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0 minsPublished on 12/6/2021

Unlocking mass adoption for NFTs

How do we get NFTs from being something most people have only heard about or are skeptical of, to something most people own? Find out here.

By James Bedford

NFT mass adoption

It’s been a roller coaster few years for NFTs. These assets have transformed from niche digital artifacts to commodities that many collectors are excited to own.

They’ve allowed artists from all disciplines to be fairly compensated for their work, providing a new lease on life after 2020 took a huge toll on entertainment and the arts.

It's hard to pinpoint the catalyst for this growth. Perhaps it’s high-profile sales like Beeple's 'Everydays: the First 5000 Days', or respected musicians like Kings of Leon releasing NFTs that came bundled with real-life perks.

Whatever the source, NFTs have become desirable and culturally relevant. People are proud to show off their collections.

A picture of the Kings of Leon “NFT Yourself” bundle.
Kings of Leon’s “NFT Yourself” comes with a digital album with collectible artwork and a limited edition NFT Golden Eye Vinyl (Image source)

But what are the next steps? How can we move NFTs from being something that most people have heard about to something that the majority of people own? What is preventing us from unlocking 'mass adoption'?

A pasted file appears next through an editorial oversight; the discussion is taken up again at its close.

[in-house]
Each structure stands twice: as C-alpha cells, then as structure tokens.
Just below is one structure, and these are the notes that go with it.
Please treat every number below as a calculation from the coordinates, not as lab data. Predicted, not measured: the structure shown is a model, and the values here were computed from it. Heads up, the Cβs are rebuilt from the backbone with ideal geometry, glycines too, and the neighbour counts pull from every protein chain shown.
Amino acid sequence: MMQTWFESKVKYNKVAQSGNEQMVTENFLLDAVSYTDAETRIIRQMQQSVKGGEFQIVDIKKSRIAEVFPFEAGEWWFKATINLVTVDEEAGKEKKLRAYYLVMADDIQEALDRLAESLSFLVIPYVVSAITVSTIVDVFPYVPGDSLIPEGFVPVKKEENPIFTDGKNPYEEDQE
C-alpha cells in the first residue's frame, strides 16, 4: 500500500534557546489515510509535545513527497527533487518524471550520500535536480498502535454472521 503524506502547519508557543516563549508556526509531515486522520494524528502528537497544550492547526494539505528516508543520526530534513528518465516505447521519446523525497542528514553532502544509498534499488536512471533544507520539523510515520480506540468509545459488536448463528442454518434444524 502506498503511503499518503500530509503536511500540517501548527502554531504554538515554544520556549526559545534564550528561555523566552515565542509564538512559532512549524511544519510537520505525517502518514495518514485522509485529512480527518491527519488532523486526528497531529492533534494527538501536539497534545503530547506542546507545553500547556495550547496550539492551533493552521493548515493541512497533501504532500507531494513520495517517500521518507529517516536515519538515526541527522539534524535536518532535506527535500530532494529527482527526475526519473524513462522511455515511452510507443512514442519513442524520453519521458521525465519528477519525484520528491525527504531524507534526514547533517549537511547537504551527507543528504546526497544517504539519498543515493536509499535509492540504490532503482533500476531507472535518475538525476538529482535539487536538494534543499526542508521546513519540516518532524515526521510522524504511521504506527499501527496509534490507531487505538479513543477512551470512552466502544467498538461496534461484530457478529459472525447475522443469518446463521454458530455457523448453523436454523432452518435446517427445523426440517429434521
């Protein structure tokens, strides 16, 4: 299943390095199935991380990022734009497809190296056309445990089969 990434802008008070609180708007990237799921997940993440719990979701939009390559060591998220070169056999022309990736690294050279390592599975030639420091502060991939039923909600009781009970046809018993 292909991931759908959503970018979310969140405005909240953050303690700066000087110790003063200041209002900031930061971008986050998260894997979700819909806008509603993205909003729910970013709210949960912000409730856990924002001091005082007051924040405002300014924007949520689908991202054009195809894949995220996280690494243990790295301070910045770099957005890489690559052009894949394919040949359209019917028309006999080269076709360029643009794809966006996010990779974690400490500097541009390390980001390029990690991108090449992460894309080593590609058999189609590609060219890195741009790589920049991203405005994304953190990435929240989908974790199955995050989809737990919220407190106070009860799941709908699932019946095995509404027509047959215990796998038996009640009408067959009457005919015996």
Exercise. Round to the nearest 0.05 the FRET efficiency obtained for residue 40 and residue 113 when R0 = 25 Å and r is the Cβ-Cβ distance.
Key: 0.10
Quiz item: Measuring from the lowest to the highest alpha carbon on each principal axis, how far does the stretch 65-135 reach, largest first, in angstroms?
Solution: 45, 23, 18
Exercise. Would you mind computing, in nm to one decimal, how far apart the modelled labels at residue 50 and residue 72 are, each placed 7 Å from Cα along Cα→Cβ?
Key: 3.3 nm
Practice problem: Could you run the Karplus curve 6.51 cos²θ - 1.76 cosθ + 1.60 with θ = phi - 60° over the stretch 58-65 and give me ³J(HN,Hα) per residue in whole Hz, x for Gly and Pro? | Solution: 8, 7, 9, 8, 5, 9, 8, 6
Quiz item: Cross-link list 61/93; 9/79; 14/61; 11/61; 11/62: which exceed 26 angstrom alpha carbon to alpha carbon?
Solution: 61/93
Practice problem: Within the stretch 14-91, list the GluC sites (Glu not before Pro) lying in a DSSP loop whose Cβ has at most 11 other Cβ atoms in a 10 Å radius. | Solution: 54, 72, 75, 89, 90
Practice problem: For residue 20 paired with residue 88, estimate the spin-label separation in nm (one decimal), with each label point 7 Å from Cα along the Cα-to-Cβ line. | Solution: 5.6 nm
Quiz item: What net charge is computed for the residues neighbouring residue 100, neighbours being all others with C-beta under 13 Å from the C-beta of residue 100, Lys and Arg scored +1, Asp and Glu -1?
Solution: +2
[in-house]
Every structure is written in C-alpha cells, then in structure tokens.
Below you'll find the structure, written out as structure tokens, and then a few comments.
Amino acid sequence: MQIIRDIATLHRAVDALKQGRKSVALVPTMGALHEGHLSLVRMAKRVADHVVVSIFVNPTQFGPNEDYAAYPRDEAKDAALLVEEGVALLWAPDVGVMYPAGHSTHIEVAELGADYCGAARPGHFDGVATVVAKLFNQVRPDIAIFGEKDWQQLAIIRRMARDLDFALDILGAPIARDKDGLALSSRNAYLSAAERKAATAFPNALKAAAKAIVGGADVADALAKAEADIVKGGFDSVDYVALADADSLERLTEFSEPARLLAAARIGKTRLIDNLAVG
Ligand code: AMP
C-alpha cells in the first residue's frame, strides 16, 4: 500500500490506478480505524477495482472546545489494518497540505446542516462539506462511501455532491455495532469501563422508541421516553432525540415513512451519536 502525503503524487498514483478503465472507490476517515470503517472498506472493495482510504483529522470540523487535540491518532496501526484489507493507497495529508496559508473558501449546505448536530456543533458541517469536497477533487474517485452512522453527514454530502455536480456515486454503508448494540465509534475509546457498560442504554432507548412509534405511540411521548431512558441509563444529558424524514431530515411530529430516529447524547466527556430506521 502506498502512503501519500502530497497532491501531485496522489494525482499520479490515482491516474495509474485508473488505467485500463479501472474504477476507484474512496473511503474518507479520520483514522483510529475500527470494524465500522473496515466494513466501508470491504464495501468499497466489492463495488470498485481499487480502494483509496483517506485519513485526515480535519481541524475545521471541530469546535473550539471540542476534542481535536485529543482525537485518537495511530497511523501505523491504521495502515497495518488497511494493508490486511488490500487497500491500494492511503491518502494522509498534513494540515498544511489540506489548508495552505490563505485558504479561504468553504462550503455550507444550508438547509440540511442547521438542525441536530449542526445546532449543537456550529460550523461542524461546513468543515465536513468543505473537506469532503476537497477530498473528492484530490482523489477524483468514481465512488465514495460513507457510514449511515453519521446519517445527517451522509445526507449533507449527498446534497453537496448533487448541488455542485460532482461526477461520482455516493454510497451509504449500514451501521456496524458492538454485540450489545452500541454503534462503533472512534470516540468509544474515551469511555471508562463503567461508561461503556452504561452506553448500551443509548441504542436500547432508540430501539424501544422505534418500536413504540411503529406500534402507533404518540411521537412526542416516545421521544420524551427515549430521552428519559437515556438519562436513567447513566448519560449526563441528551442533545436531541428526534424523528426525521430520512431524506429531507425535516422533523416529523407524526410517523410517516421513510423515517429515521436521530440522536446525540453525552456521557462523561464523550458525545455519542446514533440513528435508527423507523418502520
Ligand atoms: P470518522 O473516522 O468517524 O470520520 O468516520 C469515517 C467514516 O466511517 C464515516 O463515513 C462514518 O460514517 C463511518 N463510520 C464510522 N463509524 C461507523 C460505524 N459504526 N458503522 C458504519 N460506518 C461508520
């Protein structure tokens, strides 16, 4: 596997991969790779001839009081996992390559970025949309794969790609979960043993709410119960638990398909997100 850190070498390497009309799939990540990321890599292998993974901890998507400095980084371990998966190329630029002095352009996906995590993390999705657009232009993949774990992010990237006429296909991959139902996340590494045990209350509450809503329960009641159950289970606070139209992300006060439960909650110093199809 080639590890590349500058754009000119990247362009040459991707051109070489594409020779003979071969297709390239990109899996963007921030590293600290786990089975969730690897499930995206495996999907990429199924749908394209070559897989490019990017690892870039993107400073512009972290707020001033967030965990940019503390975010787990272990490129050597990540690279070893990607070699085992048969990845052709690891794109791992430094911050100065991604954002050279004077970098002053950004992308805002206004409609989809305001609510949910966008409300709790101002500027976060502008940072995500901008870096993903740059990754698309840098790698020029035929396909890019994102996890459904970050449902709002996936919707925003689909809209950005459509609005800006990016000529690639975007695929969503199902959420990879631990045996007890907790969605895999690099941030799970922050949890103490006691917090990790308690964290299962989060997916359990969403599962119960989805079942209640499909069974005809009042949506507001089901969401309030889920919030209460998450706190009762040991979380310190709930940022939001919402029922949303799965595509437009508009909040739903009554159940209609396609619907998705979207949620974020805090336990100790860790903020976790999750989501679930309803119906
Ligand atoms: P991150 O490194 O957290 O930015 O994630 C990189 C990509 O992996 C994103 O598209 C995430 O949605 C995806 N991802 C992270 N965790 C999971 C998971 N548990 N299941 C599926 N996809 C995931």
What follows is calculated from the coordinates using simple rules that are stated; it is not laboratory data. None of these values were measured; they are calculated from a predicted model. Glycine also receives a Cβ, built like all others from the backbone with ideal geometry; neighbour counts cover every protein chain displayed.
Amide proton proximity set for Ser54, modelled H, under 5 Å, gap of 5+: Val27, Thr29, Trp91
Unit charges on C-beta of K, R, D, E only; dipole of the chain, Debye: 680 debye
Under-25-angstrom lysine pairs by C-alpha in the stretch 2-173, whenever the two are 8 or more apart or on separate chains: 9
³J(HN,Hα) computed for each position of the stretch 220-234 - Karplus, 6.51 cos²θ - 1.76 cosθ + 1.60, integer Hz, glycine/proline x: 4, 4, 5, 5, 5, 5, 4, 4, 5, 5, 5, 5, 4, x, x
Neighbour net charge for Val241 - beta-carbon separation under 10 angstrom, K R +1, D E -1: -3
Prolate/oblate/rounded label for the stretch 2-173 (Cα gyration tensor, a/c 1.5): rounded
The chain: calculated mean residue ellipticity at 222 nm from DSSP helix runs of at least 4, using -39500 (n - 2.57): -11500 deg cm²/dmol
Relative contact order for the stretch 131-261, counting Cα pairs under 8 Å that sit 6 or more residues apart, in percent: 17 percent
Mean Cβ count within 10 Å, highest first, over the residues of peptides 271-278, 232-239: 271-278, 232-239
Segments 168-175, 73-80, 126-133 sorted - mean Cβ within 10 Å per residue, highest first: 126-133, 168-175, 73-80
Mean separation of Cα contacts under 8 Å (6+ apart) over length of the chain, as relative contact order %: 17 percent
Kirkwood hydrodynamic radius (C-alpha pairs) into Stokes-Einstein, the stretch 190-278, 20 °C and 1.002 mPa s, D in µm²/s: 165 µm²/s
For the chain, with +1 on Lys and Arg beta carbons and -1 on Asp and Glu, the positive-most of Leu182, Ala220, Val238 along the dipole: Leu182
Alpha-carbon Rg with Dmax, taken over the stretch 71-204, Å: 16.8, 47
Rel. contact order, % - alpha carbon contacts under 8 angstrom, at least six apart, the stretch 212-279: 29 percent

Uncovering NFT use cases

As time goes on, we are seeing a growing number of use cases for NFTs. Long gone are the days when NFTs solely referred to pixel art or collections of 10,000 randomly generated characters.

While projects like these are undeniably still going strong, we believe this is just a small portion of what will come to be on offer. We’re becoming more aware of the technology that NFTs sit upon, the blockchain, and the potential for innovation this brings to a wide range of use cases. 

One of the most exciting is the ability to create communities around the ownership of NFTs. The possibilities around community building are truly endless—expect many exclusive (and inclusive) NFT communities to emerge. 

Another important use case for the music industry is that NFTs help solve the industry-wide problem of ticket touting and scalping. This is when companies or individuals buy a large amount of tickets and resell them for a much higher price, resulting in many people being priced out of attending their favorite shows.

A picture of the Axie Infinity game.
Axie Infinity is perhaps the most well known example of a play-to-earn game where players can purchase NFTs (Image source)

NFTs help solve this by programmatically giving back to the original seller each time the token is transacted. Say you buy a ticket to a gig, and then sell it on an online marketplace because you cannot attend anymore. The artist will get a cut of that sale.

The same goes for any digital asset that is sold, whether it be a music album, photograph, or profile picture. The artist and creator is always rewarded for each transaction. On most platforms, creators can even set their own royalties for future resales.